Bush Arrives in Iraq for a Final Visit
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By STEVEN LEE MYERS
Published: December 14, 2008
BAGHDAD — President Bush flew to Iraq on Sunday, a final trip to highlight the recently completed security agreement between Iraq and the United States.
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President Bush with Iraq’s president, Jalal Talabani, in Baghdad on Sunday.
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Air Force One arrived in Baghdad at 4 p.m. after a 10-and-a-half-hour overnight flight from Andrews Air Force Base near Washington. It was his fourth visit to Iraq, a country that occupied the bulk of his presidency and will to a large extent define his legacy.
On arriving, he met the two senior American officials, Ambassador Ryan C. Crocker and Gen. Ray Odierno on the tarmac. He is expected to meet with Iraqi leaders and American troops.
As with previous visits — in November 2003, June 2006 and September 2007 — preparations for the visit were cloaked in secrecy and carried out with ruse. The White House schedule for Sunday had Mr. Bush attending the “Christmas in Washington” performance at the National Building Museum in downtown Washington.
Mr. Bush instead left the White House by car on Saturday night, arriving at Andrews at 9 p.m. Air Force One remained inside its immaculate hangar until moments before taking off. A dozen journalists accompanying him were only told of the trip on Friday and allowed to tell only a superior and a spouse — and only in person.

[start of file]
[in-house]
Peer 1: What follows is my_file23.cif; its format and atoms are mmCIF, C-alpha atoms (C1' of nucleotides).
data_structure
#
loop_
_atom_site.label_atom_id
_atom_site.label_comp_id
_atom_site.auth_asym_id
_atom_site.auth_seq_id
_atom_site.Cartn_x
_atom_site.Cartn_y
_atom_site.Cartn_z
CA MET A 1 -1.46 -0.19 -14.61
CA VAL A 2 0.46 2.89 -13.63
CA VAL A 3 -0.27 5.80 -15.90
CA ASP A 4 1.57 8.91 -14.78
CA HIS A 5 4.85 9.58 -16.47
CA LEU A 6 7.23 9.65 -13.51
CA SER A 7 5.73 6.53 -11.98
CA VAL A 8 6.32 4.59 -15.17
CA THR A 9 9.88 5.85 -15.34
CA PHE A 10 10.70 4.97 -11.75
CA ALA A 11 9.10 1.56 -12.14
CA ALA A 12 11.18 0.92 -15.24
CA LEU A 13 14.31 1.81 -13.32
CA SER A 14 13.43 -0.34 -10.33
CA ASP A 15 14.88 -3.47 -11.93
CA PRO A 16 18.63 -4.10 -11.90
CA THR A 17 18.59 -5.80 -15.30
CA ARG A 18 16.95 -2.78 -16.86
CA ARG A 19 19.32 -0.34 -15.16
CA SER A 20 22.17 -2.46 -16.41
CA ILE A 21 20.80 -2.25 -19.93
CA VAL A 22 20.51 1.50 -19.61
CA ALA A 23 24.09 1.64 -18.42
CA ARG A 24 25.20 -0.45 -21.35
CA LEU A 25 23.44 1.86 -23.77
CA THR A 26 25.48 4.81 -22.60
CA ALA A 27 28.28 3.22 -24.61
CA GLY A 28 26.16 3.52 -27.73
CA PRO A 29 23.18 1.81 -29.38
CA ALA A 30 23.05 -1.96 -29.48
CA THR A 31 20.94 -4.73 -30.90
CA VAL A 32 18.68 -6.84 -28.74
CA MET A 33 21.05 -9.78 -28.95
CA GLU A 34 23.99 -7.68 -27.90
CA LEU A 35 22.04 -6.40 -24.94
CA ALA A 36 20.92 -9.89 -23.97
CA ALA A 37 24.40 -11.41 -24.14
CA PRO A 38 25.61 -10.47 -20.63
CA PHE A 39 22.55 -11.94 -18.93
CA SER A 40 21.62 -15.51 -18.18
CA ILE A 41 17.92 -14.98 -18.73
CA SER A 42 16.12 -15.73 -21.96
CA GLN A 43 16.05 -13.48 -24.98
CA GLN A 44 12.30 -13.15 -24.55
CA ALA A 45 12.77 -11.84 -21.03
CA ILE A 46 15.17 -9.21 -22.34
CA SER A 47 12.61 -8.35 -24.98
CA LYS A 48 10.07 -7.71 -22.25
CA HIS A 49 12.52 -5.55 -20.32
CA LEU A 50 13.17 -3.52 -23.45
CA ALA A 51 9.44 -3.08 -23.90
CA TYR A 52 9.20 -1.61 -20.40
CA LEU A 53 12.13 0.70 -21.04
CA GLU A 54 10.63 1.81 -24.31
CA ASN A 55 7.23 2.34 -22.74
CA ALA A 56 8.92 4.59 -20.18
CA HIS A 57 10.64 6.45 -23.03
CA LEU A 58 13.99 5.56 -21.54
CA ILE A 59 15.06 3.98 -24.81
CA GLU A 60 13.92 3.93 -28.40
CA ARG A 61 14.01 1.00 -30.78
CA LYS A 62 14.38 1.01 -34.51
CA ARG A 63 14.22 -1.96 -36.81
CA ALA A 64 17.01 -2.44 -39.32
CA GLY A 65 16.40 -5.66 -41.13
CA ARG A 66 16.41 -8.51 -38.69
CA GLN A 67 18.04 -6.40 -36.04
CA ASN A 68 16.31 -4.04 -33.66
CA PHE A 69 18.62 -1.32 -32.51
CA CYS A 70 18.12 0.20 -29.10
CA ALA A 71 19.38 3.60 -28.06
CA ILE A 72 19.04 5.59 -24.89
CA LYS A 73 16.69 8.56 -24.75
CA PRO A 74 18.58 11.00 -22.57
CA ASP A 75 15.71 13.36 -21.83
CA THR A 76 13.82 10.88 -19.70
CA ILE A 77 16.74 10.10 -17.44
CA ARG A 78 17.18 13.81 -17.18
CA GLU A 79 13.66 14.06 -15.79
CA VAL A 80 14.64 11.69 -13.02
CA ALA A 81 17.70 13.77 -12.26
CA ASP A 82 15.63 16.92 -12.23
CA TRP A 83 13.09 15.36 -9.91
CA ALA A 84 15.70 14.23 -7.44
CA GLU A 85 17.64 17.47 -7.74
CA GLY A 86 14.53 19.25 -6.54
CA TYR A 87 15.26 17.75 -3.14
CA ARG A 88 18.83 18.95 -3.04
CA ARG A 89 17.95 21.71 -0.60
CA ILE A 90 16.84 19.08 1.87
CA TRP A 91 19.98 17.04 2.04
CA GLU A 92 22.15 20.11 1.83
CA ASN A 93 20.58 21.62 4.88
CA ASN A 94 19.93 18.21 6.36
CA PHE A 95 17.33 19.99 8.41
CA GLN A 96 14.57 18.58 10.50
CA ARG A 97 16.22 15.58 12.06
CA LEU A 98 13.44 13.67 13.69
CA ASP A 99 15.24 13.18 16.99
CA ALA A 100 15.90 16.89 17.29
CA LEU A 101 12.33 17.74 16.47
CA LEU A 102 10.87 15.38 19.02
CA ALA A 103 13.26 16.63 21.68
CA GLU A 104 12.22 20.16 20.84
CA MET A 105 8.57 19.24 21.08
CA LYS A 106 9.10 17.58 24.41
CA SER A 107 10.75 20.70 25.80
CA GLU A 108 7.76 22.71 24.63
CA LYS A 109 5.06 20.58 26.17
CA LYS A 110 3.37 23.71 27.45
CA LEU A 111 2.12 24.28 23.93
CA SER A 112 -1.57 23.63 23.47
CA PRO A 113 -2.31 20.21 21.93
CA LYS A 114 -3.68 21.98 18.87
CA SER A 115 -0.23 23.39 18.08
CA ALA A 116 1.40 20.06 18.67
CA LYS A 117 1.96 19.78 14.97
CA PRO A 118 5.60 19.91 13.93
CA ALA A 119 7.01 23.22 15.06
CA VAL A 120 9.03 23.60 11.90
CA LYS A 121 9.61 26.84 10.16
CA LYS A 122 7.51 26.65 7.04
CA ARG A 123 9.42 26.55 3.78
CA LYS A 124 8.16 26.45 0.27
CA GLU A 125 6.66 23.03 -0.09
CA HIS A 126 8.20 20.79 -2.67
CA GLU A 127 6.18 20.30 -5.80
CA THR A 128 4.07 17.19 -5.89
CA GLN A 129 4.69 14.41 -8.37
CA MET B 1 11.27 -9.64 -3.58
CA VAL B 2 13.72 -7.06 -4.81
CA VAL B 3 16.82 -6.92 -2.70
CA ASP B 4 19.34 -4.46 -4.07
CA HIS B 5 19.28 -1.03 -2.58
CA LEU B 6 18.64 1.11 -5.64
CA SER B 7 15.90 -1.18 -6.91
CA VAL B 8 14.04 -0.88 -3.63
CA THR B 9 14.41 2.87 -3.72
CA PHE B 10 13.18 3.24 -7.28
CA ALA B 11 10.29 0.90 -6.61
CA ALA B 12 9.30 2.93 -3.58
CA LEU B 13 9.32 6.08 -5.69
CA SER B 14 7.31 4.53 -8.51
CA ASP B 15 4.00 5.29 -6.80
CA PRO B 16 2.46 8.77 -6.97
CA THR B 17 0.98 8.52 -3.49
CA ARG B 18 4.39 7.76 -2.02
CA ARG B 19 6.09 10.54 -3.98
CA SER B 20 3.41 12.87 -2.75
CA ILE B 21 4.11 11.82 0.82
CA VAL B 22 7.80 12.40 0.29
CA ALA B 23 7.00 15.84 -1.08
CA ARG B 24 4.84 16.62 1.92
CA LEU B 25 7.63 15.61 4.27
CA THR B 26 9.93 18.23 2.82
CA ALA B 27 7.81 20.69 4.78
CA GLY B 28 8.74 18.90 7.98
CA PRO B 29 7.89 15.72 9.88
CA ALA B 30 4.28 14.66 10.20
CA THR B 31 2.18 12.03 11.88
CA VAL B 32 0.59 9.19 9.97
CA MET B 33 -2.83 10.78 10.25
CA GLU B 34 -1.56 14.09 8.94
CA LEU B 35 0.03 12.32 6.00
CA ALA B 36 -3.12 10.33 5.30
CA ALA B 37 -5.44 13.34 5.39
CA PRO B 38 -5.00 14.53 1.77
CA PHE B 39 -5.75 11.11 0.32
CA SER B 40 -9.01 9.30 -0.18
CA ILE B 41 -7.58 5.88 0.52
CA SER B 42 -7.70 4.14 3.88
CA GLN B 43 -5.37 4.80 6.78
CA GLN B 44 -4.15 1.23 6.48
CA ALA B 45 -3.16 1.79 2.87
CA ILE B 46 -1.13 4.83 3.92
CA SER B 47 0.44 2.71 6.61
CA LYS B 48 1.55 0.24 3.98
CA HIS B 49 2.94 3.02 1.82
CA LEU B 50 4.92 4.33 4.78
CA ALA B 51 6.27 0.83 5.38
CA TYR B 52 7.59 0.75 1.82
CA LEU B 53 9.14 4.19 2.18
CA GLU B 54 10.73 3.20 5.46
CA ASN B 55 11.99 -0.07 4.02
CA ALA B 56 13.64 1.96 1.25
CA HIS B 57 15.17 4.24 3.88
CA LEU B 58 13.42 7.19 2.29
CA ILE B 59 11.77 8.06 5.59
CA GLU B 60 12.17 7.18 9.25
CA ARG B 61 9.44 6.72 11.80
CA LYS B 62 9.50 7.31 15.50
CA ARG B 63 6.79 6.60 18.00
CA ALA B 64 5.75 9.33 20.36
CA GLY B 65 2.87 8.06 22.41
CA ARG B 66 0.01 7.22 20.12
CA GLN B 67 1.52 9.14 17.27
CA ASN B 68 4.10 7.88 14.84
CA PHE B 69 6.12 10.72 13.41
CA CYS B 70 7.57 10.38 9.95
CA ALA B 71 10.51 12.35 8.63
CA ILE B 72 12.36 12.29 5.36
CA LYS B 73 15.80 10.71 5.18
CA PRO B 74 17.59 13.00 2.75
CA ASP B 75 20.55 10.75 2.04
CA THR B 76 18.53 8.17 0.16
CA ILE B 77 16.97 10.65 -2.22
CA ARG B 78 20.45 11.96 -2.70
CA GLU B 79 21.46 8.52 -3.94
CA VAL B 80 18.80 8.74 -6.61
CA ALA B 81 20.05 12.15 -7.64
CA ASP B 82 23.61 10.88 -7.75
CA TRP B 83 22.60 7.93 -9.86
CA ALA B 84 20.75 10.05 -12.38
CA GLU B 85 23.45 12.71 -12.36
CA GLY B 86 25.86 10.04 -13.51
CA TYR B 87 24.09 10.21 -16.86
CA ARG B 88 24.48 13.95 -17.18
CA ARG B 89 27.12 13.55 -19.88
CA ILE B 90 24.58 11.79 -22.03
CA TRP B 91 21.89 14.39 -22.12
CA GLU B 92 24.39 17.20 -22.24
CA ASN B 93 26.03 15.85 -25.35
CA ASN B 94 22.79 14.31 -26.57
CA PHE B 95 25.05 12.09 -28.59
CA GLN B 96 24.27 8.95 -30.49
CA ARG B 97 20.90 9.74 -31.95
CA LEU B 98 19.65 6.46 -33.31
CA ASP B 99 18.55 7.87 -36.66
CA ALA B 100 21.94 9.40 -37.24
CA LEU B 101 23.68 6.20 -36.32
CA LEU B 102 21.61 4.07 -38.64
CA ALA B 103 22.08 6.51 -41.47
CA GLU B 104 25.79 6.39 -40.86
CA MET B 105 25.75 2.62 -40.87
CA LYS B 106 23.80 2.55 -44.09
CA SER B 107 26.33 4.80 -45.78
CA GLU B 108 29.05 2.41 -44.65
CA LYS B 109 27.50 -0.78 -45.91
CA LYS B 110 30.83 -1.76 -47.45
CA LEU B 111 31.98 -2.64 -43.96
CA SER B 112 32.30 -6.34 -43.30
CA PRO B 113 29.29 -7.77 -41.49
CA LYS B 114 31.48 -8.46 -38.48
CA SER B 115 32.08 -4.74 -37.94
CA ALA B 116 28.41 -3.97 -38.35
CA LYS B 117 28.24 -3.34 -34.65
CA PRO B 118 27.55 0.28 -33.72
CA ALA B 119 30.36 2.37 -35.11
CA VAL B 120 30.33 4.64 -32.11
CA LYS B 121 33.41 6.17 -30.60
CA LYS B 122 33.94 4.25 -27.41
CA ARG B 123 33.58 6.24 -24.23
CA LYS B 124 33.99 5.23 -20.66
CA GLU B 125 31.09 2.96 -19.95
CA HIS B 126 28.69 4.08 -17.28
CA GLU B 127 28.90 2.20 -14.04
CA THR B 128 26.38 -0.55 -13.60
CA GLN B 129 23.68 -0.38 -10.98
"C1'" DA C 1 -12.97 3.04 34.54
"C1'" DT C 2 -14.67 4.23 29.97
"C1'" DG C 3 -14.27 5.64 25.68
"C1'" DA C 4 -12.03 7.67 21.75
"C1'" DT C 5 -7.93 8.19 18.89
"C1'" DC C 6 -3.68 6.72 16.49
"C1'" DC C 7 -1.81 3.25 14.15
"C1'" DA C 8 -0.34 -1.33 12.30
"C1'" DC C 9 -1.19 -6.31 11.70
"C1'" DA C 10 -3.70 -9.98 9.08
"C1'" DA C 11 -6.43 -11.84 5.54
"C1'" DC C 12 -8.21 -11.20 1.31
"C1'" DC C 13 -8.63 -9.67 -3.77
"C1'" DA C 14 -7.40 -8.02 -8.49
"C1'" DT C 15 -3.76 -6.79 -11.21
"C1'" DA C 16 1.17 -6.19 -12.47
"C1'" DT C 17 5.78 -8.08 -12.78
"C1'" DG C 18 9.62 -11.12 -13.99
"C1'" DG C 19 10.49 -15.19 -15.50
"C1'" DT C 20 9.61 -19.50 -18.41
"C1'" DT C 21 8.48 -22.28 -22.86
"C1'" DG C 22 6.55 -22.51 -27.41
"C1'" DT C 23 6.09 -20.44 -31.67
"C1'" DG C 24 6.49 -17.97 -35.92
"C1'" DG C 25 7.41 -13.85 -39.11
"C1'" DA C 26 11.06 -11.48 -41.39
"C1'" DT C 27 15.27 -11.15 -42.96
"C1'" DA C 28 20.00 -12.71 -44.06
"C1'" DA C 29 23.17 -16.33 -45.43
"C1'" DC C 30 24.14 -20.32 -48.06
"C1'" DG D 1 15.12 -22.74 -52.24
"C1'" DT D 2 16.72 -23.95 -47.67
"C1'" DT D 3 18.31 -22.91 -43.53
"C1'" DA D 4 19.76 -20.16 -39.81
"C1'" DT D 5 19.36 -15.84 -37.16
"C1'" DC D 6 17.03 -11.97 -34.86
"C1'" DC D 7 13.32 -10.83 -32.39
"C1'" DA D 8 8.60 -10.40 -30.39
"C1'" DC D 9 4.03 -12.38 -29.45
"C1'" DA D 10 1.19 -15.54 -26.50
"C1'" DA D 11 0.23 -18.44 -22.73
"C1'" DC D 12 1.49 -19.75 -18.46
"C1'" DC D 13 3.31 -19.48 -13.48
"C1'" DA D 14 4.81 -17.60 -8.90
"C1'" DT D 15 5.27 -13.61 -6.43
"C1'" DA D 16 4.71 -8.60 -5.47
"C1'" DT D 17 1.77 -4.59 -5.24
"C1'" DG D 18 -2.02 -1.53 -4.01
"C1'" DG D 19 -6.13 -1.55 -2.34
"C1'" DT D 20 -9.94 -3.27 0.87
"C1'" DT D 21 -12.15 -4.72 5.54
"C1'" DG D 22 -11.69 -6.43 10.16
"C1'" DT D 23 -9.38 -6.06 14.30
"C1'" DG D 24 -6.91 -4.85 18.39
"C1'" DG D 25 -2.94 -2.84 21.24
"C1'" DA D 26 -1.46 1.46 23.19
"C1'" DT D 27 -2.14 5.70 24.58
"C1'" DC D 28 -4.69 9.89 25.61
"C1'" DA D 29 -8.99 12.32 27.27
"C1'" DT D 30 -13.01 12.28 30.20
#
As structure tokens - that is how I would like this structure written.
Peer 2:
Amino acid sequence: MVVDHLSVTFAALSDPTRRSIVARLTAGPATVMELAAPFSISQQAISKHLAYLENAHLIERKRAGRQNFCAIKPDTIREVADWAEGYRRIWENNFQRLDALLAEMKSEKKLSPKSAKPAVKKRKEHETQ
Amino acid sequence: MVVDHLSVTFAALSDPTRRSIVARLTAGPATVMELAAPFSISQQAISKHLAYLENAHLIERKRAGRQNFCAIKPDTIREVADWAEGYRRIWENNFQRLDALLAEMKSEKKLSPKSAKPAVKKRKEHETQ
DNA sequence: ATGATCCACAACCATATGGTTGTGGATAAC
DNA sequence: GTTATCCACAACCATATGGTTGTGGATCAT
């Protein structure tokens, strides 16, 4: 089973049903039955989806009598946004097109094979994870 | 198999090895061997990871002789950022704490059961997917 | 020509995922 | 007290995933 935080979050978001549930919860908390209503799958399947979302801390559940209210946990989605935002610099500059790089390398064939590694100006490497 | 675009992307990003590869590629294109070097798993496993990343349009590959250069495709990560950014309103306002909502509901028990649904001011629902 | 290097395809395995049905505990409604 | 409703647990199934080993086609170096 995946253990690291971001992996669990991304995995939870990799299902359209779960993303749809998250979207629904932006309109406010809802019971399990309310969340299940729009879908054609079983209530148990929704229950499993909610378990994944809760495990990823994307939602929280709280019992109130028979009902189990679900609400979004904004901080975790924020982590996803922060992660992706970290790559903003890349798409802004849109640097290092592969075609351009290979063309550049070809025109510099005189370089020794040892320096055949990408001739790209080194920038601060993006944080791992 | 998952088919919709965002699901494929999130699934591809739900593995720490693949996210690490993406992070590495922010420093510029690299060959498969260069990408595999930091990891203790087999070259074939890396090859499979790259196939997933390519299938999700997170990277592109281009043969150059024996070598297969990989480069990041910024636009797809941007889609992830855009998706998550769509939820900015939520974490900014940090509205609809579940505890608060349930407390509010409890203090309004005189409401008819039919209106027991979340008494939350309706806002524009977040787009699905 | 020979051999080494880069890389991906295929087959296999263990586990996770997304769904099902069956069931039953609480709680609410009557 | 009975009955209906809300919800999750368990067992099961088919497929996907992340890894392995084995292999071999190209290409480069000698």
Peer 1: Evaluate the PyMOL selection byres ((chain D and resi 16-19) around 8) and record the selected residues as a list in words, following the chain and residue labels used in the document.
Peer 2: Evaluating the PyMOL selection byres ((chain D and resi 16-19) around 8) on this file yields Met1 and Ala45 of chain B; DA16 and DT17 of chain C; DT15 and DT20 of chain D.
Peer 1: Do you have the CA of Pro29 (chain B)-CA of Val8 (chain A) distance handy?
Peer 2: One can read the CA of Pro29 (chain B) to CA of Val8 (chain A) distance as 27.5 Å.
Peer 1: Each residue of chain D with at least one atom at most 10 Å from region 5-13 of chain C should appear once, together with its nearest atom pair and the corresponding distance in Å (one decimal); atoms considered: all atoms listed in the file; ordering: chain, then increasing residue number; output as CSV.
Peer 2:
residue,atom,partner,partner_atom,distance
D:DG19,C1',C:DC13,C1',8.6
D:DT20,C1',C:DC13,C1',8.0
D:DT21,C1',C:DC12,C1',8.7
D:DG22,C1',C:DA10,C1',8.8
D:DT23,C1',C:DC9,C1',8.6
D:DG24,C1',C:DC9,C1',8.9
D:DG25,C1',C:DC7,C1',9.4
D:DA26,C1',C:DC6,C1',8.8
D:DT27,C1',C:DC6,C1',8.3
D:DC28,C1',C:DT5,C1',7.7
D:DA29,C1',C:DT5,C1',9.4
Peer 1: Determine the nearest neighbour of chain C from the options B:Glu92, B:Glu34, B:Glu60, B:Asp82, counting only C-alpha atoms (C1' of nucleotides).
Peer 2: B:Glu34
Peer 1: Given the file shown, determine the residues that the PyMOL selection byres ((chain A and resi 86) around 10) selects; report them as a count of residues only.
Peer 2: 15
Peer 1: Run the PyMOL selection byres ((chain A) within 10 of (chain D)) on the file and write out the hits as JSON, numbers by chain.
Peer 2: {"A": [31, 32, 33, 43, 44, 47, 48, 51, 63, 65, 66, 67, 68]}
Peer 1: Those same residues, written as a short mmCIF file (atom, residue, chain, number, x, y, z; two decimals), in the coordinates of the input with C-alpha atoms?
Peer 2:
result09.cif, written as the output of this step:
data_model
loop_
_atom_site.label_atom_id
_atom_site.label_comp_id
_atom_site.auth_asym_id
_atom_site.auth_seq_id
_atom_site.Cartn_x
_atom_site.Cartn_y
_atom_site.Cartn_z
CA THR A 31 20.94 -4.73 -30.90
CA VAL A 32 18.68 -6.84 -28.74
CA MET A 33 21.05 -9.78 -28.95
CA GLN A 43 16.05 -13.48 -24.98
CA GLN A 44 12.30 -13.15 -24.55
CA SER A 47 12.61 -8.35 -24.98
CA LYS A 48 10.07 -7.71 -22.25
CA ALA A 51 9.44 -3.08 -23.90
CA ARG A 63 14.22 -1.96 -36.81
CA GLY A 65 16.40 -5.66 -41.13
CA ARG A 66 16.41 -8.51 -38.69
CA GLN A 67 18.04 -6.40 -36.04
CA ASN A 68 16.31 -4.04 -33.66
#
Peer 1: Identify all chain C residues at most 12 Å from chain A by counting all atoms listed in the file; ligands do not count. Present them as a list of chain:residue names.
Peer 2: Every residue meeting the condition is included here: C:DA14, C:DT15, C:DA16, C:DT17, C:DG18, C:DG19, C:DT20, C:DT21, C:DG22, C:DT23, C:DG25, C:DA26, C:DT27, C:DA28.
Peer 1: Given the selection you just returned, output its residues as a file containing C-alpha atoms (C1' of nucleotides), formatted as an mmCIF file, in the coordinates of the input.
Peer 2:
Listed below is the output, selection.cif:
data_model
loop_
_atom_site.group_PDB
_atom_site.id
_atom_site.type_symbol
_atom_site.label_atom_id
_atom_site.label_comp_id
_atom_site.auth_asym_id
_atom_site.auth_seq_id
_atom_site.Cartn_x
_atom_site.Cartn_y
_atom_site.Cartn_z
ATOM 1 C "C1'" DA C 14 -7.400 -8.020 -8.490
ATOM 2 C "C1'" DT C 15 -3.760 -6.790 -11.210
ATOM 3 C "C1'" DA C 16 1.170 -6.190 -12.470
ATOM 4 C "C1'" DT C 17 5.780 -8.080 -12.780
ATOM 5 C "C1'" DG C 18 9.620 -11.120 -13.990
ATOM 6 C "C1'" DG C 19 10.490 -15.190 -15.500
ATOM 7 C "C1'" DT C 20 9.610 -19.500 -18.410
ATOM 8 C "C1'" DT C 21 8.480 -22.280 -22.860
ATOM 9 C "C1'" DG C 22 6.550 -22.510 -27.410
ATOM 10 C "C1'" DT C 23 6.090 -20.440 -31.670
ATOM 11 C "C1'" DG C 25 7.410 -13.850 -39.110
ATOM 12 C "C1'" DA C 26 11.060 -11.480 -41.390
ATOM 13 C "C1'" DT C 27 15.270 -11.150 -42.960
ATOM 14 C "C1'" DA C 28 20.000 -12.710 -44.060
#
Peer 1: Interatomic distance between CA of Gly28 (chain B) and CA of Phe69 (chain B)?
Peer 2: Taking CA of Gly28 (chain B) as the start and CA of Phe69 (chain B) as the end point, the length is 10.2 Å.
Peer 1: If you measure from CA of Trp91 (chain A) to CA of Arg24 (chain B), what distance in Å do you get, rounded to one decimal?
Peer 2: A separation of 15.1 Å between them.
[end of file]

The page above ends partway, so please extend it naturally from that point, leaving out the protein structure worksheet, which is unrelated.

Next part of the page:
Mr. Bush and his aides have touted the security agreement as a landmark in Iraq’s troubled history, one made possible by the dramatic drop in violence over the last year. They credit the large increase in American troops Mr. Bush ordered in 2007 for creating enough security to allow political progress to take root.
The new security agreements, which take effect on Jan. 1, replace the United Nations Security Council resolutions that authorized the presence of foreign troops in Iraq. Iraqi officials extracted significant concessions from the Bush administration over several months of hard bargaining, including a commitment to withdrawal all American forces by the end of 2011.